Woody Allen had elements of the same, at least to me. And what’s uglier, Mia Farrow was portrayed as withered, disheveled, unreliable. Of course, she could have foisted stories on her daughter.
I wasn’t part of the jury, or on the clinical team. But we were all, all of us that were interested or even riveted, part of a larger jury of public opinion. And because so many of us were drawn to our beloved Woody Allen, we didn’t want to look at his own strangeness, his general emotional detachment and his potential for being creepy in actions and in feelings where Dylan was concerned.
We failed her. We failed Mia Farrow. And Yale-New Haven failed them both as far as I’m concerned. I have to look at my own susceptibility to the narcissistic male energy. After all it was one of the elements of my earlier life that was profound as an influence.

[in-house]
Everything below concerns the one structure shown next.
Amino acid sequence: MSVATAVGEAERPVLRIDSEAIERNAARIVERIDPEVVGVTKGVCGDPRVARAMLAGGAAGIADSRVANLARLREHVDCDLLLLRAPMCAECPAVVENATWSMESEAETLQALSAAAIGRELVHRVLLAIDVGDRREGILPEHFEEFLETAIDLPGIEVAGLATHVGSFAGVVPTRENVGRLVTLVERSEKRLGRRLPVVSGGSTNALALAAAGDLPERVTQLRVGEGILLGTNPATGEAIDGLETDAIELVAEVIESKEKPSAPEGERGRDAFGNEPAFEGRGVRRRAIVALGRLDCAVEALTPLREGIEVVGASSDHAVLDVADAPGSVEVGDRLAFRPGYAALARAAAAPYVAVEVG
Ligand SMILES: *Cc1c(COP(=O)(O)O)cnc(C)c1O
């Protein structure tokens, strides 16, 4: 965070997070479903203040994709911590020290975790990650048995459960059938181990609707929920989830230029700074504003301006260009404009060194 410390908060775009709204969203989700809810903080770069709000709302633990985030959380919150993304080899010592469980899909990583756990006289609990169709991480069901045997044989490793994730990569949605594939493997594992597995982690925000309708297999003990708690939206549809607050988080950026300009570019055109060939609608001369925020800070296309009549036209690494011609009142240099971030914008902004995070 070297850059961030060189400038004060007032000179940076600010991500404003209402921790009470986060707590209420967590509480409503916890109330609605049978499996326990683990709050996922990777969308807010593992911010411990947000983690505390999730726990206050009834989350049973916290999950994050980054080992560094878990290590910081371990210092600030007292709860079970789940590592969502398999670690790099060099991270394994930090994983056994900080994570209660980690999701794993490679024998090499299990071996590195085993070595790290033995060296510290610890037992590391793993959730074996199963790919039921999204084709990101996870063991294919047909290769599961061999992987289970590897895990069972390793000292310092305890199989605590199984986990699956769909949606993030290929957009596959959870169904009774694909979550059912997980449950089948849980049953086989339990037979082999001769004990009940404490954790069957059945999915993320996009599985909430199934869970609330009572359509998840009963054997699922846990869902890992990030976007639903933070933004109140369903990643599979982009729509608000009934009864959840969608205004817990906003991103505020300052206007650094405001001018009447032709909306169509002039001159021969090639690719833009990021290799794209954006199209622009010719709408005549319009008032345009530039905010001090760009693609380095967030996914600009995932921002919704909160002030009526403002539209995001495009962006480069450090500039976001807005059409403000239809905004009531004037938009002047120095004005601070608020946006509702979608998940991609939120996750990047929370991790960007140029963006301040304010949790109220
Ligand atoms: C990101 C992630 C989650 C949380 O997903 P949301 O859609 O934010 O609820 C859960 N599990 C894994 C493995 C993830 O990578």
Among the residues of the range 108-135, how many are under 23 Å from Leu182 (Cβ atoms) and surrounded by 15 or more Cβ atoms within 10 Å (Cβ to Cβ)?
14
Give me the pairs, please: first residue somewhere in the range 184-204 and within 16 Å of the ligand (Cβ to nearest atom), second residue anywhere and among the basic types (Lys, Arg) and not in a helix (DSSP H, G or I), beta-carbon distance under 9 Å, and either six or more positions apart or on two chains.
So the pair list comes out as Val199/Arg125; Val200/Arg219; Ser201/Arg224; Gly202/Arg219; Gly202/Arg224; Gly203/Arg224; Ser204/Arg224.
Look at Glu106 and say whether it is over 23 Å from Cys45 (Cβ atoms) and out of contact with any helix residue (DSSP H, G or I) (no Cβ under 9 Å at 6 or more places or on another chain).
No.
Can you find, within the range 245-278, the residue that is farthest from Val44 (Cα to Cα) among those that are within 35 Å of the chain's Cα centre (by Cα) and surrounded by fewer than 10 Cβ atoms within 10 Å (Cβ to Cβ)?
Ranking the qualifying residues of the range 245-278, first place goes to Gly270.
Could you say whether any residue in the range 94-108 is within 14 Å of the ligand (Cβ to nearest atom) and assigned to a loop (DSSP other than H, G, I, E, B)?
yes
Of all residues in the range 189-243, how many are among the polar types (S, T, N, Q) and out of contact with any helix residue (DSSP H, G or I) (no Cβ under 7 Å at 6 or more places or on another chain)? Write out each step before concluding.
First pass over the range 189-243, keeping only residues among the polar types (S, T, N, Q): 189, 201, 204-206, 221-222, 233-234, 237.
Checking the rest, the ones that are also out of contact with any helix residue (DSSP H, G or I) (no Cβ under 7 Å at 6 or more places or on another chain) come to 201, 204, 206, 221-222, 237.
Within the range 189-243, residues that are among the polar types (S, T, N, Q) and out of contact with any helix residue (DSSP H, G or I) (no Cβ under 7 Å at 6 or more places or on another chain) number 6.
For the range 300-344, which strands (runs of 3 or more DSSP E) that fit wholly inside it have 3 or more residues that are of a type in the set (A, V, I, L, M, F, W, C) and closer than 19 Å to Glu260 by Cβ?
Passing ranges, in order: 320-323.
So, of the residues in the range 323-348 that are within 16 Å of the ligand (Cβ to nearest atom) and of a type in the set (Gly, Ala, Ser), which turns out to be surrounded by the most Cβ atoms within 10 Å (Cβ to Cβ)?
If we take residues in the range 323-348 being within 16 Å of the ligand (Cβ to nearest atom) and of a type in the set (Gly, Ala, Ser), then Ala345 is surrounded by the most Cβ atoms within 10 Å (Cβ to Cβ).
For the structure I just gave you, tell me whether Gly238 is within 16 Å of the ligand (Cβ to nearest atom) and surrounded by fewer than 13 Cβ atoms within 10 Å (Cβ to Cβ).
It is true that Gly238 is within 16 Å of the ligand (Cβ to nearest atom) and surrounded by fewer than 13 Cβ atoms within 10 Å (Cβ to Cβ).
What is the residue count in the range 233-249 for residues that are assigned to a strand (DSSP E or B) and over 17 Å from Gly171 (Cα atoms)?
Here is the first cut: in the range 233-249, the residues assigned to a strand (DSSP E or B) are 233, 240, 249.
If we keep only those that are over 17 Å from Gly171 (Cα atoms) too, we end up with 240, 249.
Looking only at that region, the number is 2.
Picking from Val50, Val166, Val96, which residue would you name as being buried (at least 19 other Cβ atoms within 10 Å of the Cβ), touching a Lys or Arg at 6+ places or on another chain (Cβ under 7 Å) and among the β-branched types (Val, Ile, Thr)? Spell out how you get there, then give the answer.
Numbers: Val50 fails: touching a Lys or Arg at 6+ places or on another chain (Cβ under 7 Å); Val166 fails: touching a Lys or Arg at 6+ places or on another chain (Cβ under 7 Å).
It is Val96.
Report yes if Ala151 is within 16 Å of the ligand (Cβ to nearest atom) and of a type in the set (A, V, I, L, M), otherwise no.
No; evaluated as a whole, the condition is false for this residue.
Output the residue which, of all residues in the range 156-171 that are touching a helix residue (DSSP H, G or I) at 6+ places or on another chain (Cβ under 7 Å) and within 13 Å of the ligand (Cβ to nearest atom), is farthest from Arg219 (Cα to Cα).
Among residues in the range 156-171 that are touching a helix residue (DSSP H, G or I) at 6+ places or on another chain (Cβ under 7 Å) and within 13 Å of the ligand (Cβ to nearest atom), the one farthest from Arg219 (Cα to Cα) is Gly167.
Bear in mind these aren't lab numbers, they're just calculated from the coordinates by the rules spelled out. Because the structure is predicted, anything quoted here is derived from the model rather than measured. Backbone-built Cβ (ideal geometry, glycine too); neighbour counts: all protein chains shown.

The current HBO documentary is already getting trashed by Woody Allen. I have no authority to make judgments particularly after viewing only the first segment. But now I feel saner and clearer and much more discerning, as well as privy to footage I had never seen.
Dylan, the little girl was vibrant and friendly until Allen practically malled her psychologically, forcing his attentions on her even when she was in the midst of play with other children or babysitters. Mia Farrow to me is so credible, admitting her being under the influence of Allen and doubting her own sanity.
There is testimony that is sane and let’s face it the audio presented that has Woody Allen’s versions of this story, are stilted and manufactured.